Wednesday, 28 May 2008

Conflict management and conflict resolution

Conflict management and conflict resolution
Dr Shabir Choudhry 13 and 14th September 2005.

Those who think that the Kashmir dispute is simple, and is easy to resolve, they are wrong. The Kashmir dispute is one of the oldest and most complicated disputes in the world; and those who think differently either don’t understand the nature of the dispute or they deliberately try to confuse people.

These people deliberately try to link the Kashmir dispute with the Two Nations Theory, Jihad and movement of Islamic fundamentalism. Kashmiri struggle is political in nature, and has nothing to do with religion; and those who are trying to project it as a religious struggle are embittering the communal harmony, which is essential for the peace and stability of the state.

By injecting element of religion in our struggle for independence, they have seriously damaged social fabrics of the society, and have divided people on ethnic and religious lines. Their agenda seems to be quite clear, they want to divide the State on communal and religious lines; and those who believe that the state of Jammu and Kashmir must remain as one political entity have to work hard to defeat demons of communalism and hatred.

People of Jammu and Kashmir are forcibly divided for the past fifty-eight years. This forced division has resulted in differences and misunderstandings; and militancy and violence has not only brought suffering and misery, but also widened the gulf among different ethnic groups.

There are many reasons why the Kashmir dispute could not be resolved, and one such reason is that those who had the ability to resolve it had no wish to do so, because their aim has always been to control and manage the ‘crises’.

The Kashmir dispute has become a big business, and status quo suits many powerful groups. As long as the Kashmir pot is boiling, business is booming, and it is in the commercial interest of these people that the dispute is not resolved.

Net result of this strategy is that people of Jammu and Kashmir continue to bleed and suffer. This suffering has to end, as people could not be expected to continue to suffer and live in misery. We have to formulate such policies that the state of Jammu and Kashmir could be united, and the forced division could be ended.

We have to ensure that the dispute is resolved through a peace process; and that there is peace and stability not only in Jammu and Kashmir but also in South Asia. But before we reach that stage this reign of terror has to end, as it is not possible to establish peace when people with gun are calling shots, and adding to the misery and suffering of the people.

I support the peace process. I acknowledge that it has made some progress, but I am not satisfied with its pace and method. Those who are pushing the agenda of peace need to understand that the Kashmir dispute is not bilateral in nature; and that All Parties Hurriyet Conference is not representative of the Kashmiri people.

Any solution negotiated either by both India and Pakistan will not be acceptable to the people of Jammu and Kashmir. Similarly any solution negotiated with APHC will not be acceptable to the majority of the Kashmiris, as people on both sides of the divide know that APHC do not represent true aspirations of the people.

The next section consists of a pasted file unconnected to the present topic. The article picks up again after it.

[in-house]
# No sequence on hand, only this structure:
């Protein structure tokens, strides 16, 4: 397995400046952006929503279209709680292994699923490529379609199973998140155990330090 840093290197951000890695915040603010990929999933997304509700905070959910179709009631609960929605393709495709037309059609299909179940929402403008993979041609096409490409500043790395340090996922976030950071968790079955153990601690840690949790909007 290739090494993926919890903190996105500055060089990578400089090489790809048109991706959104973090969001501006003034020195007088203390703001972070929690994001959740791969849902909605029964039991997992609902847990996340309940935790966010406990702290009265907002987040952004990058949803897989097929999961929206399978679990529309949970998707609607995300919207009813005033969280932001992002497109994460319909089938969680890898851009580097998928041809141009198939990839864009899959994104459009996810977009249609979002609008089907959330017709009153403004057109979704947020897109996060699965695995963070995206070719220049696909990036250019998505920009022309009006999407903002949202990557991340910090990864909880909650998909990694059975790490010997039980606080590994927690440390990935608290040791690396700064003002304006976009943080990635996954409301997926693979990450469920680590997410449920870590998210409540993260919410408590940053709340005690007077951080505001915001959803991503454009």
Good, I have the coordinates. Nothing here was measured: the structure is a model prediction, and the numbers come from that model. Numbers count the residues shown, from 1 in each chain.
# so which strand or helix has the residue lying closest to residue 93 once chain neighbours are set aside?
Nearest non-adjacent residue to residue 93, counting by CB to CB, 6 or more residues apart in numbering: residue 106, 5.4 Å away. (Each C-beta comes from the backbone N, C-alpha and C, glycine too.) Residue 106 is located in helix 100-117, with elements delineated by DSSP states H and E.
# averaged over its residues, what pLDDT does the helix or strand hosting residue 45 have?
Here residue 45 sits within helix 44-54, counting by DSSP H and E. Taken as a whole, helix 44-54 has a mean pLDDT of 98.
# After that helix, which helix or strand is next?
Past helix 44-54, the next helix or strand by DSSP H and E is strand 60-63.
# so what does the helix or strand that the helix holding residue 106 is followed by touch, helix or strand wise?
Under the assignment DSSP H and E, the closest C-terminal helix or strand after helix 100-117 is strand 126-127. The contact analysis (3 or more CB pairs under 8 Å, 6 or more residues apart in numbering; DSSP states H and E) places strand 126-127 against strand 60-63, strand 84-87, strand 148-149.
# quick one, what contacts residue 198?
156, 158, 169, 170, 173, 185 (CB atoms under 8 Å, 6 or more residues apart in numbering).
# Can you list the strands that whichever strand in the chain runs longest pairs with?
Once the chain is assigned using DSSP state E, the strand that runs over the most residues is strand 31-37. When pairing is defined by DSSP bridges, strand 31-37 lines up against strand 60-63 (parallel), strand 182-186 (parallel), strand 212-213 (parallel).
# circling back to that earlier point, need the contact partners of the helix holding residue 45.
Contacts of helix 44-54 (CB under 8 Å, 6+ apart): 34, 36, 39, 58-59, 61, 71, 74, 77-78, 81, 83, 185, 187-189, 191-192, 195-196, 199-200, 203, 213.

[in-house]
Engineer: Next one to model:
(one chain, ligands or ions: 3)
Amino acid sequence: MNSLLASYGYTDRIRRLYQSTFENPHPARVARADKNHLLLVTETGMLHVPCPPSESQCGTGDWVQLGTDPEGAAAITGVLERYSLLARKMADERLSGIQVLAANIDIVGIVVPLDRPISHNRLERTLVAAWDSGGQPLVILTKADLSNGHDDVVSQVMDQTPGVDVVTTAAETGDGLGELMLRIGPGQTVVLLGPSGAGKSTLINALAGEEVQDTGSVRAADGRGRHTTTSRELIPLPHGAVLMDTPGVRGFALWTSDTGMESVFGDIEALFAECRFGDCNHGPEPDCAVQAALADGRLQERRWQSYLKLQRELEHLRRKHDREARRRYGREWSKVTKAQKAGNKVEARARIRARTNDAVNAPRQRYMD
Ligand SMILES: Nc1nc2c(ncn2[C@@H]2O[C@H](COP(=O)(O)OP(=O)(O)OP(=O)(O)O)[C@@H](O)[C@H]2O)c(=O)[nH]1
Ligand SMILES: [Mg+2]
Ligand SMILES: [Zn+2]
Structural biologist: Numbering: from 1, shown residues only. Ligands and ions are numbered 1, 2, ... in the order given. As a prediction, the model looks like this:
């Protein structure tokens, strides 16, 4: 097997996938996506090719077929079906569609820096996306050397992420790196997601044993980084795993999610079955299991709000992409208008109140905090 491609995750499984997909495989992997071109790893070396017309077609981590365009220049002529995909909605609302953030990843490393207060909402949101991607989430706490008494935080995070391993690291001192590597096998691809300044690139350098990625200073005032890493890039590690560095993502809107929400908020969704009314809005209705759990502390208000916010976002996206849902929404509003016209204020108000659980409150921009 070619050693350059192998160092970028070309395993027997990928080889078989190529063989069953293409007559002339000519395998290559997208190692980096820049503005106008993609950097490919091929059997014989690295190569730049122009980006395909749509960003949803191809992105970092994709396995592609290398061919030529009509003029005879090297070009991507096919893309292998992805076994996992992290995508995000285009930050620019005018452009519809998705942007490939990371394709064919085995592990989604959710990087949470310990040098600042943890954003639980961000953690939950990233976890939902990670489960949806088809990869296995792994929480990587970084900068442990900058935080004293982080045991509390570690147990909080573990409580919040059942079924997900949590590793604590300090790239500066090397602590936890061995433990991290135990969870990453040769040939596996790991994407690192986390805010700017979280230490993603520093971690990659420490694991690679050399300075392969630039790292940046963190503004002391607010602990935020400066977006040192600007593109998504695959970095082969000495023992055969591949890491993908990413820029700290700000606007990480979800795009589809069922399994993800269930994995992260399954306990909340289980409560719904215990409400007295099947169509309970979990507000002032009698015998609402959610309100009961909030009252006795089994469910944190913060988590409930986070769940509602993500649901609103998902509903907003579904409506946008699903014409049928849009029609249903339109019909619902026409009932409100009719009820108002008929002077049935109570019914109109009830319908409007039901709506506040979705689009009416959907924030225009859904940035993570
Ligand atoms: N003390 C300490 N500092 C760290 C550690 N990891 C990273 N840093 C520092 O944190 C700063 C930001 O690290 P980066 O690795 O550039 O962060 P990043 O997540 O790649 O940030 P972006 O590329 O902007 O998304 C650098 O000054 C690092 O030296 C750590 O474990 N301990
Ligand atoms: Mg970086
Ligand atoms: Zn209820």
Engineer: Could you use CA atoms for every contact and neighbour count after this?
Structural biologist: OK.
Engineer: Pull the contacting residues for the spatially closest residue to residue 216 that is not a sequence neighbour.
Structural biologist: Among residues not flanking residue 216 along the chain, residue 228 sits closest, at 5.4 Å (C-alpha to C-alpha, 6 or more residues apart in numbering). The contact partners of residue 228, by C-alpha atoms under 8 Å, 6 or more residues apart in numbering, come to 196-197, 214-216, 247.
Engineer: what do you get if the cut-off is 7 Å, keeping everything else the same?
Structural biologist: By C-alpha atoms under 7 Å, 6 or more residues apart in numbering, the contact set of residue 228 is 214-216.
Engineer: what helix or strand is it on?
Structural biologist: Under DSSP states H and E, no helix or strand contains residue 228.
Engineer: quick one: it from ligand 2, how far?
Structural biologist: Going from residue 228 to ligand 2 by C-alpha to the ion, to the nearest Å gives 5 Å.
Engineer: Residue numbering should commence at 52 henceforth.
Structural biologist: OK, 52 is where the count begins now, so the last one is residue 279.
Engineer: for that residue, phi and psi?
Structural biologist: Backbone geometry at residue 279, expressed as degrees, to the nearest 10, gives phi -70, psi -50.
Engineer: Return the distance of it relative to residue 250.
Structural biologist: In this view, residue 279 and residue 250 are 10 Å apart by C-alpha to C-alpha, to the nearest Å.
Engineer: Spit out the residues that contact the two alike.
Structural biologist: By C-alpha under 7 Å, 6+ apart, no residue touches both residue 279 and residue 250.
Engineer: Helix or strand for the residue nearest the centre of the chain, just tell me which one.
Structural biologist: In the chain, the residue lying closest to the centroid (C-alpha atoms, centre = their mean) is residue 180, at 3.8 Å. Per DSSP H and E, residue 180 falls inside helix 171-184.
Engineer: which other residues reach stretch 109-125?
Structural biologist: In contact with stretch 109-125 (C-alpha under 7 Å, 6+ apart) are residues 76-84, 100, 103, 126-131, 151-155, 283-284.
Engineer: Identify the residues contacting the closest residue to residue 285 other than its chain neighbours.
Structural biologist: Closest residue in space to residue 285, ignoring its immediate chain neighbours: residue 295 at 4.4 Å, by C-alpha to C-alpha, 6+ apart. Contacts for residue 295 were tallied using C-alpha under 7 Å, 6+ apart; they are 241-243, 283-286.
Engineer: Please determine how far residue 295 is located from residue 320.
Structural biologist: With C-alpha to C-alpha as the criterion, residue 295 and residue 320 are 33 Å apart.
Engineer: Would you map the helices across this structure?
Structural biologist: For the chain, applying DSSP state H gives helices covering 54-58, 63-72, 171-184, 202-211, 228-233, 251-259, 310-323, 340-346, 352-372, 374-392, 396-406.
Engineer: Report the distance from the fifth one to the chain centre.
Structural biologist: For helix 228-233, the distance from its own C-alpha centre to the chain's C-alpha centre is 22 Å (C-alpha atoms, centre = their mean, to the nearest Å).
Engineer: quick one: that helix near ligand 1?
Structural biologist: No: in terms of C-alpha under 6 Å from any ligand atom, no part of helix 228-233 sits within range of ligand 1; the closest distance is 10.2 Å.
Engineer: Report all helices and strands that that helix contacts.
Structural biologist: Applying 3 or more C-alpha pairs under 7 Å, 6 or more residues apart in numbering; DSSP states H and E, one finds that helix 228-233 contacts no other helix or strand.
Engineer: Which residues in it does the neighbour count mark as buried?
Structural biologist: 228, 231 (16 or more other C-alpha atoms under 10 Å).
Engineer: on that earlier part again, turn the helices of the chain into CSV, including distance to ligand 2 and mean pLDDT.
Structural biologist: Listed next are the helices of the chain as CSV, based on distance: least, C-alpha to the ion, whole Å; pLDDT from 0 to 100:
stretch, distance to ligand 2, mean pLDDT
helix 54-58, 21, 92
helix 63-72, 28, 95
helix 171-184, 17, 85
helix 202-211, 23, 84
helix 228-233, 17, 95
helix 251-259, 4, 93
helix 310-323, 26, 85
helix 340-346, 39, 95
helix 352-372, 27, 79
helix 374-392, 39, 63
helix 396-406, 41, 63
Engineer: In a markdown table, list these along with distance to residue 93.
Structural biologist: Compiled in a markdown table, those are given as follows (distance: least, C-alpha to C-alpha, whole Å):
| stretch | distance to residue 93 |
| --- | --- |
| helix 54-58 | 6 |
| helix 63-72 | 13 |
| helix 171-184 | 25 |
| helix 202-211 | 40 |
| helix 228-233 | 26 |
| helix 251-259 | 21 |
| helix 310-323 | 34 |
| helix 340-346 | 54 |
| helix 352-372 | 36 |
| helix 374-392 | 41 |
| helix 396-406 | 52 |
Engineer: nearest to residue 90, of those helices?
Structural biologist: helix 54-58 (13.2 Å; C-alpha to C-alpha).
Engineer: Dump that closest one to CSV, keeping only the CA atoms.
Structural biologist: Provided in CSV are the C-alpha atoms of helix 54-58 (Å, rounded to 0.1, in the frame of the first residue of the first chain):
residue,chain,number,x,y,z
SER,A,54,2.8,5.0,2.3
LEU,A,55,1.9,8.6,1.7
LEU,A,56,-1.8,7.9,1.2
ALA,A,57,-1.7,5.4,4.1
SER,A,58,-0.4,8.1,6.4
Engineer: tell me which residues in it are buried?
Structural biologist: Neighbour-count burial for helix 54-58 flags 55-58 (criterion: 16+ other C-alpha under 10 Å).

In view of this it is imperative that a mechanism is worked out to widen the process of dialogue; and other leaders representing different regions and political thoughts are also accommodated. People of Jammu and Kashmir are disillusioned and they feel alienated, and in order to win their confidence, authorities have to ensure that suffering people get some relief.

One could not win the trust of the people when guns are killing innocent people; and when many innocent citizens are still languishing in jails. In order to win hearts and minds of the people on both sides of the divide, and to make them part of the peace process, both India and Pakistan have to take certain measures which are Kashmir specific and which provide relief to the people.

We appreciate that both India and Pakistan have genuine interest in Jammu and Kashmir, but they also have to acknowledge the fact that Jammu and Kashmir belongs to the Kashmiri people; and that as a principal party to this dispute, we should have the final say on future of the State.

Another thing which is of great concern to me, and I am sure it will be of concern to other like minded people as well. To us the whole State of Jammu and Kashmir is disputed, and the fact that there is no militancy in some areas of the State does not mean that these areas are not disputed any more.

And if the whole state is disputed then why is that Muslim leaders from the Valley, who do not even represent majority of the Muslims there, are projected as leaders of Kashmiri people. Why that is in these talks, whether they are held with Indian leaders or with Pakistani leaders, there is no one to represent people of Jammu, Ladakh, Gilgit and Baltistan and Azad Kashmir?

Does it mean that both governments and these so called representatives of the Kashmiri people have tacitly agreed to find some kind of solution for the Valley only? If that is the case a clear message should go out from this conference that any such solution will not be acceptable; and that cosmetic changes will not provide a lasting solution to bring peace and stability in Jammu and Kashmir and in South Asia.

Writer is a Chairman of Diplomatic Committee of JKLF and author of many books and booklets. Also he is a Director Institute of Kashmir Affairs.

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